Signs of dyscalculia aren’t always easy to spot. This checklist can give you a better idea of dyscalculia signs at different ages, like trouble with counting and number sense.
Refer to this list of signs as you observe your child. Keep in mind that all kids might occasionally have trouble with math. But children with dyscalculia will struggle a lot more than other kids who are the same age. Their struggles will continue over time, too.
Dyscalculia isn’t the same as math anxiety. But kids with dyscalculia often react strongly to activities that involve math. For instance, they may get upset or frustrated when playing board games.
You can print this checklist by clicking the view or download link below. Use it to discuss what you’re seeing with a doctor and teacher. You’ll want to keep an eye on signs like these over time, and track your child’s progress together.
Signs of Dyscalculia in Preschool
- Has trouble learning to count and skips over numbers long after kids the same age can remember numbers in the right order.
- Doesn’t seem to understand the meaning of counting. For example, when you ask for five blocks, he just hands you a large group of blocks, rather than counting them out.
- Struggles to recognize patterns, like smallest to largest or tallest to shortest.
- Has trouble understanding number symbols, like making the connection between “7” and the word seven.
- Struggles to connect a number to an object, such as knowing that “3” applies to groups of things like 3 cookies, 3 cars, or 3 kids.
Signs of Dyscalculia in Grade School
- Has difficulty learning and recalling basic math facts, such as 2 + 4 = 6.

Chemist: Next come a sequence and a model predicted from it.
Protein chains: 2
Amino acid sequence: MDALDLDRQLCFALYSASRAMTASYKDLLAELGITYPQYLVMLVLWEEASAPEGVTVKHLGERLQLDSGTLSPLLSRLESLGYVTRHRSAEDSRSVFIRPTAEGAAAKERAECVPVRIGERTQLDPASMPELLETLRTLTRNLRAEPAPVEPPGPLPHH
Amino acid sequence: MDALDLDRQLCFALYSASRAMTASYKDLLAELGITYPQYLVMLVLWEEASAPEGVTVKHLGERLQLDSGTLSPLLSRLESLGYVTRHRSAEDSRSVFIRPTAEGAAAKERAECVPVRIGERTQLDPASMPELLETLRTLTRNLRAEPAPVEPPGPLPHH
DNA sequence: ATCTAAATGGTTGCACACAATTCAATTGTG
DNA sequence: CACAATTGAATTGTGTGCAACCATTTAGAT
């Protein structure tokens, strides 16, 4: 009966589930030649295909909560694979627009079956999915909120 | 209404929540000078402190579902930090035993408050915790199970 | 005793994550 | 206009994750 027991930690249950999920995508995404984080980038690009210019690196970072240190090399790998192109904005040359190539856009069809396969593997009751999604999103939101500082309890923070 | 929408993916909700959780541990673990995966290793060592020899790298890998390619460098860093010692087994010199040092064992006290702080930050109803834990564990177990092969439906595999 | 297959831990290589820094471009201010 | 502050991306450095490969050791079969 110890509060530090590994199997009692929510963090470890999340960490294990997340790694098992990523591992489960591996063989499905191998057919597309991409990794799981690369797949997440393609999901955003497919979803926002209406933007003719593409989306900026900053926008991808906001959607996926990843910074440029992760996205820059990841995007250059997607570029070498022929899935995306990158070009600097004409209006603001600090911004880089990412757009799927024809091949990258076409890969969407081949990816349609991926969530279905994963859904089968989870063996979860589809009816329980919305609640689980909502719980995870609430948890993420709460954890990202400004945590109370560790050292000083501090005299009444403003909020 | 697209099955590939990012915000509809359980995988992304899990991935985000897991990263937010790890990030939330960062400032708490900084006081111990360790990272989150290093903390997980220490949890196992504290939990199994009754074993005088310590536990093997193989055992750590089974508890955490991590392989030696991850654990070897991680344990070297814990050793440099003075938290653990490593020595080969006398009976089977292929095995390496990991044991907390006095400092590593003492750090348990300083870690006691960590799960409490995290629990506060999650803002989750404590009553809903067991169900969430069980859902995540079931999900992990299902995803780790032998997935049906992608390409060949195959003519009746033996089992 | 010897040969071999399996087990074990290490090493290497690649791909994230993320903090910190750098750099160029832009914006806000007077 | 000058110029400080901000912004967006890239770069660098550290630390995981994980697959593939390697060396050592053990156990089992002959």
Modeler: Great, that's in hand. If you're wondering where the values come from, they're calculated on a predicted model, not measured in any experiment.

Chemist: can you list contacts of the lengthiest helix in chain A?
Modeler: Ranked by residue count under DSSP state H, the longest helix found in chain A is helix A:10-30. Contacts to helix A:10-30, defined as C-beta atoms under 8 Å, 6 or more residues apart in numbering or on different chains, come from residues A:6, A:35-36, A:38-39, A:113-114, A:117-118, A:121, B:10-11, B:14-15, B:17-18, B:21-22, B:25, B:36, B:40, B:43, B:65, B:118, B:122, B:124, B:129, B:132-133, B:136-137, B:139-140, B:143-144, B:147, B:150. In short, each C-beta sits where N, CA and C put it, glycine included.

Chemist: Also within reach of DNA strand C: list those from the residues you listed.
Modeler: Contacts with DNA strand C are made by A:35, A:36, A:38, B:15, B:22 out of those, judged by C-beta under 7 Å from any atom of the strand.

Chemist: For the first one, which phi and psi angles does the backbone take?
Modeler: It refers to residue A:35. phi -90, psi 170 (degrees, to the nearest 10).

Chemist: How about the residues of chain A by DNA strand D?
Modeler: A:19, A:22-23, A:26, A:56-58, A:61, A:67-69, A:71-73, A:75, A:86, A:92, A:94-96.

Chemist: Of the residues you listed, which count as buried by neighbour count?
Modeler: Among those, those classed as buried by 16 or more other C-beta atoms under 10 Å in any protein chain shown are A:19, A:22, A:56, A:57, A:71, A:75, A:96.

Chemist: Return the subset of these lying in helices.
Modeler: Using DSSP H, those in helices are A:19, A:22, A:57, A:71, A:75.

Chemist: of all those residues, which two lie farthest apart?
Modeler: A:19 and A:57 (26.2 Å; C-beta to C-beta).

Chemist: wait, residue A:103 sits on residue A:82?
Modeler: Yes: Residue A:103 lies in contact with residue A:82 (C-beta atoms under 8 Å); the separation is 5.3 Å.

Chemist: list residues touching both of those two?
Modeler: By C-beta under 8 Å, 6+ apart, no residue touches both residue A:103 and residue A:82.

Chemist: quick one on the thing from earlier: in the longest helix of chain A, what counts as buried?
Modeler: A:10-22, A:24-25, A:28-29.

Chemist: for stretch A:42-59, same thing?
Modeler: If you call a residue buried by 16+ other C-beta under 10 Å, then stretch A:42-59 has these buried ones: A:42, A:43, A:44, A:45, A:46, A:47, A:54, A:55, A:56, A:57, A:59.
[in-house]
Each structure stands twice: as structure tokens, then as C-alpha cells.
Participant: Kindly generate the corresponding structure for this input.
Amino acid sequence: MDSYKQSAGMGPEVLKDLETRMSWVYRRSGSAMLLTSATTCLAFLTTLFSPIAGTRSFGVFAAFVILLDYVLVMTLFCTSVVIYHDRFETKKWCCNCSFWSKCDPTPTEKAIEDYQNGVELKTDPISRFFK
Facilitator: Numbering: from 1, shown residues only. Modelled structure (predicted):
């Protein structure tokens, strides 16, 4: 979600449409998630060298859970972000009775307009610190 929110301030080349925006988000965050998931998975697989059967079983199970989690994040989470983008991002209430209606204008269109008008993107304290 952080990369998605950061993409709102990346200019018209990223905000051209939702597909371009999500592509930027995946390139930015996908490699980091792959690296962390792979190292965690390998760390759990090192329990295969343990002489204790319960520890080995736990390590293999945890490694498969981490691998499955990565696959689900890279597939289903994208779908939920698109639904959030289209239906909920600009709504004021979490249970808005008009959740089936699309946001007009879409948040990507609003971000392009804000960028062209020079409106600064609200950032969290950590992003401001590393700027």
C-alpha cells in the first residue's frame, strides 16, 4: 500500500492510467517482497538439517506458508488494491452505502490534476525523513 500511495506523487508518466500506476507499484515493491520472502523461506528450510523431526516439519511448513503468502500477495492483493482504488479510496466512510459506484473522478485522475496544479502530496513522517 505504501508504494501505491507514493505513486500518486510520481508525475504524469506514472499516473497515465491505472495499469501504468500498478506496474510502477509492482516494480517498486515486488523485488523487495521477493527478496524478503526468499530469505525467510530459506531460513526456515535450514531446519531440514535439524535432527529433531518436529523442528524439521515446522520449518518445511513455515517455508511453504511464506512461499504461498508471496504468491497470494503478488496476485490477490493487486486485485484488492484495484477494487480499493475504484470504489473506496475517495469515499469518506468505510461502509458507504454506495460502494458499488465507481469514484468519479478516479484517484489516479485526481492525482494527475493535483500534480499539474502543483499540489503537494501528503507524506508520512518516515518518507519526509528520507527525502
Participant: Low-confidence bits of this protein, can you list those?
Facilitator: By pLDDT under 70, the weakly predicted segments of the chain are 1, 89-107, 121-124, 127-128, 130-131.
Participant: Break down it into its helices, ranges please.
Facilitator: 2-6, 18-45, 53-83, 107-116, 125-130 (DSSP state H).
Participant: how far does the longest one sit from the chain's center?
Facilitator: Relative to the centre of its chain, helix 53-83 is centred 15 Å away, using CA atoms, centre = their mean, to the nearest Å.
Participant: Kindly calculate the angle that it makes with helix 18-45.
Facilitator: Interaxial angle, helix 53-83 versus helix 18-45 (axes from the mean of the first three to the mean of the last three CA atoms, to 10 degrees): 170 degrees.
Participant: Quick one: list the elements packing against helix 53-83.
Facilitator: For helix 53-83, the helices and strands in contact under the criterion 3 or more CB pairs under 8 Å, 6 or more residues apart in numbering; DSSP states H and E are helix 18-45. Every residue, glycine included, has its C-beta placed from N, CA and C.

- Still uses fingers to count instead of using more advanced strategies (like mental math).
- Struggles to identify math signs like + and ‒ and to use them correctly.
- Has a tough time understanding math phrases, like greater than and less than.
- Has trouble with place value, often putting numbers in the wrong column.
Signs of Dyscalculia in Middle School
- Struggles with math concepts like commutativity (3 + 5 is the same as 5 + 3) and inversion (being able to solve 3 + 26 ‒ 26 without calculating).
- Has a tough time understanding math language and coming up with a plan to solve a math problem.
- Has trouble keeping score in sports games and gym activities.
- Has difficulty figuring out the total cost of things and often runs out of money on his lunch account.
- May avoid situations that require understanding numbers, like playing games that involve math.
Signs of Dyscalculia in High School
- Struggles to understand information on charts and graphs.
- Has trouble applying math concepts to money, such as making exact change and figuring out a tip.
- Has trouble measuring things like ingredients in a simple recipe or liquids in a bottle.
- Lacks confidence in activities that require understanding speed, distance and directions, and may get lost easily.
- Has trouble finding different approaches to the same math problem, such as adding the length and width of a rectangle and doubling the answer to solve for the perimeter (rather than adding all the sides).
If you’re concerned your child may have dyscalculia, learn about the next steps to take. You can go over this checklist with your child’s doctor. You may also want to talk about what you’re seeing with your child’s teachers. Together you can come up with a plan to get your child the support he needs.